A high performance, data intensive storage service for astronomy.

Photograph of Somerville, showing a row of 6 cabinets with doors open.

The Somerville on-premises cloud platform is designed to support data-intensive use cases from survey astronomy, including very large databases (with trillions of records) and real-time data streaming and analysis. 

Enabling unprecedented research

Named in honour of Scottish mathematician and astronomer Mary Somerville, the Somerville service will support thousands of astronomers internationally to pursue their science ambitions. 

Since its initial installation in 2017, as part of the UK Science and Technology Facilities Council (STFC) e-Infrastructure pilot programme (now called the IRIS programme), Somerville has hosted production science services for the Vera C. Rubin Observatory and the Wide-field Astronomy Unit. It is also used as a testbed by the Gaia satellite, which is completing a census of more than one billion stars in the Milky Way, and by STFC’s Research Cloud team. 

At the time of writing, the largest database hosted on Somerville has more than 120 billion records of astronomy observations – that is 15 records for each and every person living on Earth.

Vera C. Rubin Observatory 

The Rubin Observatory will conduct a ten-year survey of the Southern Hemisphere sky (the Legacy Survey of Space and Time, or LSST) using the world’s largest digital camera. Rubin’s science goals include understanding the nature of dark matter and dark energy, creating an inventory of the Solar System, mapping the Milky Way, and exploring objects that change position or brightness over time.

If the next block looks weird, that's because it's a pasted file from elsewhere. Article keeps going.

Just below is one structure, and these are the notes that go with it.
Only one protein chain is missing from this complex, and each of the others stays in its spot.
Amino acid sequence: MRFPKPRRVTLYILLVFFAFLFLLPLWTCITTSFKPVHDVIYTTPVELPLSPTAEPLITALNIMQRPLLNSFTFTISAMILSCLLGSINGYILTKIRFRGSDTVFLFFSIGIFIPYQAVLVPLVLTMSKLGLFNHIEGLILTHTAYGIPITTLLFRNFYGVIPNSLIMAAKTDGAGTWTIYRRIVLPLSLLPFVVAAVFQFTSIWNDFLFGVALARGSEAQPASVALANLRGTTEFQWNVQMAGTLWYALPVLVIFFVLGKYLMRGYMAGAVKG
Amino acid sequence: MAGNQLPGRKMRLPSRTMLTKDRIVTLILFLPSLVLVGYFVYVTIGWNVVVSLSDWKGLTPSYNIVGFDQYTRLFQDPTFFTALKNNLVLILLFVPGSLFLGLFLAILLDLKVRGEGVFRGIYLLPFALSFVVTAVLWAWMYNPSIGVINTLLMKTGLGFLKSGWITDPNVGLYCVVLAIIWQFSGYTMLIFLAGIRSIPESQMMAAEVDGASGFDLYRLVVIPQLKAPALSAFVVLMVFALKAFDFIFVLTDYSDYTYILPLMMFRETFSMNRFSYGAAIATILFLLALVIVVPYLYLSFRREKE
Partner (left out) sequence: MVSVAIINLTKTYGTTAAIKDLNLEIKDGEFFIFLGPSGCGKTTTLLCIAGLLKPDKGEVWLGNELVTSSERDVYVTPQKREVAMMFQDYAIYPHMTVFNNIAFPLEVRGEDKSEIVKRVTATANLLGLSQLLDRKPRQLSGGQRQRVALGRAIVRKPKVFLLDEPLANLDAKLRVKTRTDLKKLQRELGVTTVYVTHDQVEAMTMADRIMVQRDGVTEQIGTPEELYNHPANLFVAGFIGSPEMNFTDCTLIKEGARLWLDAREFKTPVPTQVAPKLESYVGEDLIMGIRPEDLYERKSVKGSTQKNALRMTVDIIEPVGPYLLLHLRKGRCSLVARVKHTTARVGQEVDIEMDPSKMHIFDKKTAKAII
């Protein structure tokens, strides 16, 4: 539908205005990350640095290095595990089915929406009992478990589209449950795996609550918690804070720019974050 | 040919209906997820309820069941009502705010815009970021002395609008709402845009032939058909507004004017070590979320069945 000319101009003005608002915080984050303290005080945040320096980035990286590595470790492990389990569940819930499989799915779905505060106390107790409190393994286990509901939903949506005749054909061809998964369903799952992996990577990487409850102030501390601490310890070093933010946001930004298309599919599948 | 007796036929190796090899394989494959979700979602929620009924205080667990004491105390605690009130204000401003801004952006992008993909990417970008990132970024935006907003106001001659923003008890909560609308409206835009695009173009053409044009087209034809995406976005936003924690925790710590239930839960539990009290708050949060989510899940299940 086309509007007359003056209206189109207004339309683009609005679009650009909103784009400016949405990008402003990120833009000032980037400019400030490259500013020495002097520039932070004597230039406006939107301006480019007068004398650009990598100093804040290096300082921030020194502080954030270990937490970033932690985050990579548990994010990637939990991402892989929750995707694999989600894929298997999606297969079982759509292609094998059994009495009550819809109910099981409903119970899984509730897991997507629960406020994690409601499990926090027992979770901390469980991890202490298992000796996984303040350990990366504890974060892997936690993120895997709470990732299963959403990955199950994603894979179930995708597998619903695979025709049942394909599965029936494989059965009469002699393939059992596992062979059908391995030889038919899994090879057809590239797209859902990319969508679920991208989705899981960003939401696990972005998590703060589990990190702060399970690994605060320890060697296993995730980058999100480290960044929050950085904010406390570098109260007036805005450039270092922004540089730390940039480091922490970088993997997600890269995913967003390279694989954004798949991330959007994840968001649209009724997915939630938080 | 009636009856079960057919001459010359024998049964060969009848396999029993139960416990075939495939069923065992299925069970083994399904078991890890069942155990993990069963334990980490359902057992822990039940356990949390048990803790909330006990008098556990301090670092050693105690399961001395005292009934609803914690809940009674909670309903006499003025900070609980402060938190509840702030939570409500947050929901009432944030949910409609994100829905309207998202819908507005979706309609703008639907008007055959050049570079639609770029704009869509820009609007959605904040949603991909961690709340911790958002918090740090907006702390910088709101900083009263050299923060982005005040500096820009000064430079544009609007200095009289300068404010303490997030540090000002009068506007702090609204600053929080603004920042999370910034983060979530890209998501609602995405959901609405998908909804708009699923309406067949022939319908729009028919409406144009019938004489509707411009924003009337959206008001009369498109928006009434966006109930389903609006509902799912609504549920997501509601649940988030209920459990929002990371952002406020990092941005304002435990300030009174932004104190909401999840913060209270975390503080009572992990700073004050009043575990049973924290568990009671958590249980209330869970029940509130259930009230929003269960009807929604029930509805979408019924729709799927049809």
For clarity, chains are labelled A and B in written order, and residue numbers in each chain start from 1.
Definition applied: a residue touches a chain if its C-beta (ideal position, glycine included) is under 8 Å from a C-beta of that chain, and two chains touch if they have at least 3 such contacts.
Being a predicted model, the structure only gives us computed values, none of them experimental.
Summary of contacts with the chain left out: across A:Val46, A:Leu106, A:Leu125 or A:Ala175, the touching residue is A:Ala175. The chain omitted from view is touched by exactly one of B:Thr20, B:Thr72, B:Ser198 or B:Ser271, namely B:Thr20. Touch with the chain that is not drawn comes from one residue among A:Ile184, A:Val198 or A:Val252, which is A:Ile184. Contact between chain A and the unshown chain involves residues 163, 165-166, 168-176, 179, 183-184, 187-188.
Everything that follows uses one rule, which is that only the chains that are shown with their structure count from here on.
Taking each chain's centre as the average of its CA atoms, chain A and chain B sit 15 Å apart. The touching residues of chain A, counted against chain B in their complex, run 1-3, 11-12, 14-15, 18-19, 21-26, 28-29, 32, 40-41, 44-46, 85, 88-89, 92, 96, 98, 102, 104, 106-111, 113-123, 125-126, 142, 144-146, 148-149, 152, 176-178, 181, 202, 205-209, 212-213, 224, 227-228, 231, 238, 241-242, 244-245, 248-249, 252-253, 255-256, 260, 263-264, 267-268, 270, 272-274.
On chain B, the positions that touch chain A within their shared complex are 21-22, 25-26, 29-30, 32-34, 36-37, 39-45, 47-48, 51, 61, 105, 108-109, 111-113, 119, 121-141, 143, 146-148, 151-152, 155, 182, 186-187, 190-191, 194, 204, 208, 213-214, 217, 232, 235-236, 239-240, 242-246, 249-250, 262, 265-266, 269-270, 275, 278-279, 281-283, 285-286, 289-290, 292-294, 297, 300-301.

Facilitating data science 

The volume and complexity of data that Rubin will capture will challenge the capabilities of research computing worldwide. Somerville will be the host for the UK’s Rubin Independent Data Access Centre (DAC) and will connect astronomers with at least 200 Petabytes of survey products and provide advanced tooling to handle these products.

EPCC, in collaboration with the Institute for Astronomy at the University of Edinburgh, has a critical role in the design and operation of the UK DAC, which is due to enter operation in 2025. 


Somerville is installed at the University of Edinburgh’s Advanced Computing Facility, and managed by a joint team from EPCC and the University’s Institute of Astronomy. 

The system is built on Scientific OpenStack. This variant of the popular OpenStack toolkit has been customised by StackHPC Limited to meet research-computing capabilities.


1,984 (virtualised) CPU cores.

Interconnect technologies

100 G Ethernet data network

2 x 100 G uplink into JANET.

System storage 

2 PB of Ceph storage for holding scientific data

100 TB of NVMe-based Ceph storage.

Rubin Independent Data Access Centre

The Rubin Independent Data Access Centre (DAC) provides three different user interfaces to LSST: 

  • A web-based science portal for interactive enquiries
  • A notebook-based engine for more substantial and scripted analysis workflows
  • An HPC/batch interface for the most ambitious and computationally intensive research campaigns.

These interfaces are backed by custom services, engineered within the Rubin project to the requirements of the survey. They include a bespoke distributed database system called Qserv, able to serve LSST catalogues containing hundreds of billions of objects and to satisfy the demands of hundreds of concurrent queries.


Somerville is funded by STFC via the LSST:UK and IRIS programmes.

Further information

Rubin Observatory

Wide Field Astronomy Unit





To access Somerville, please see: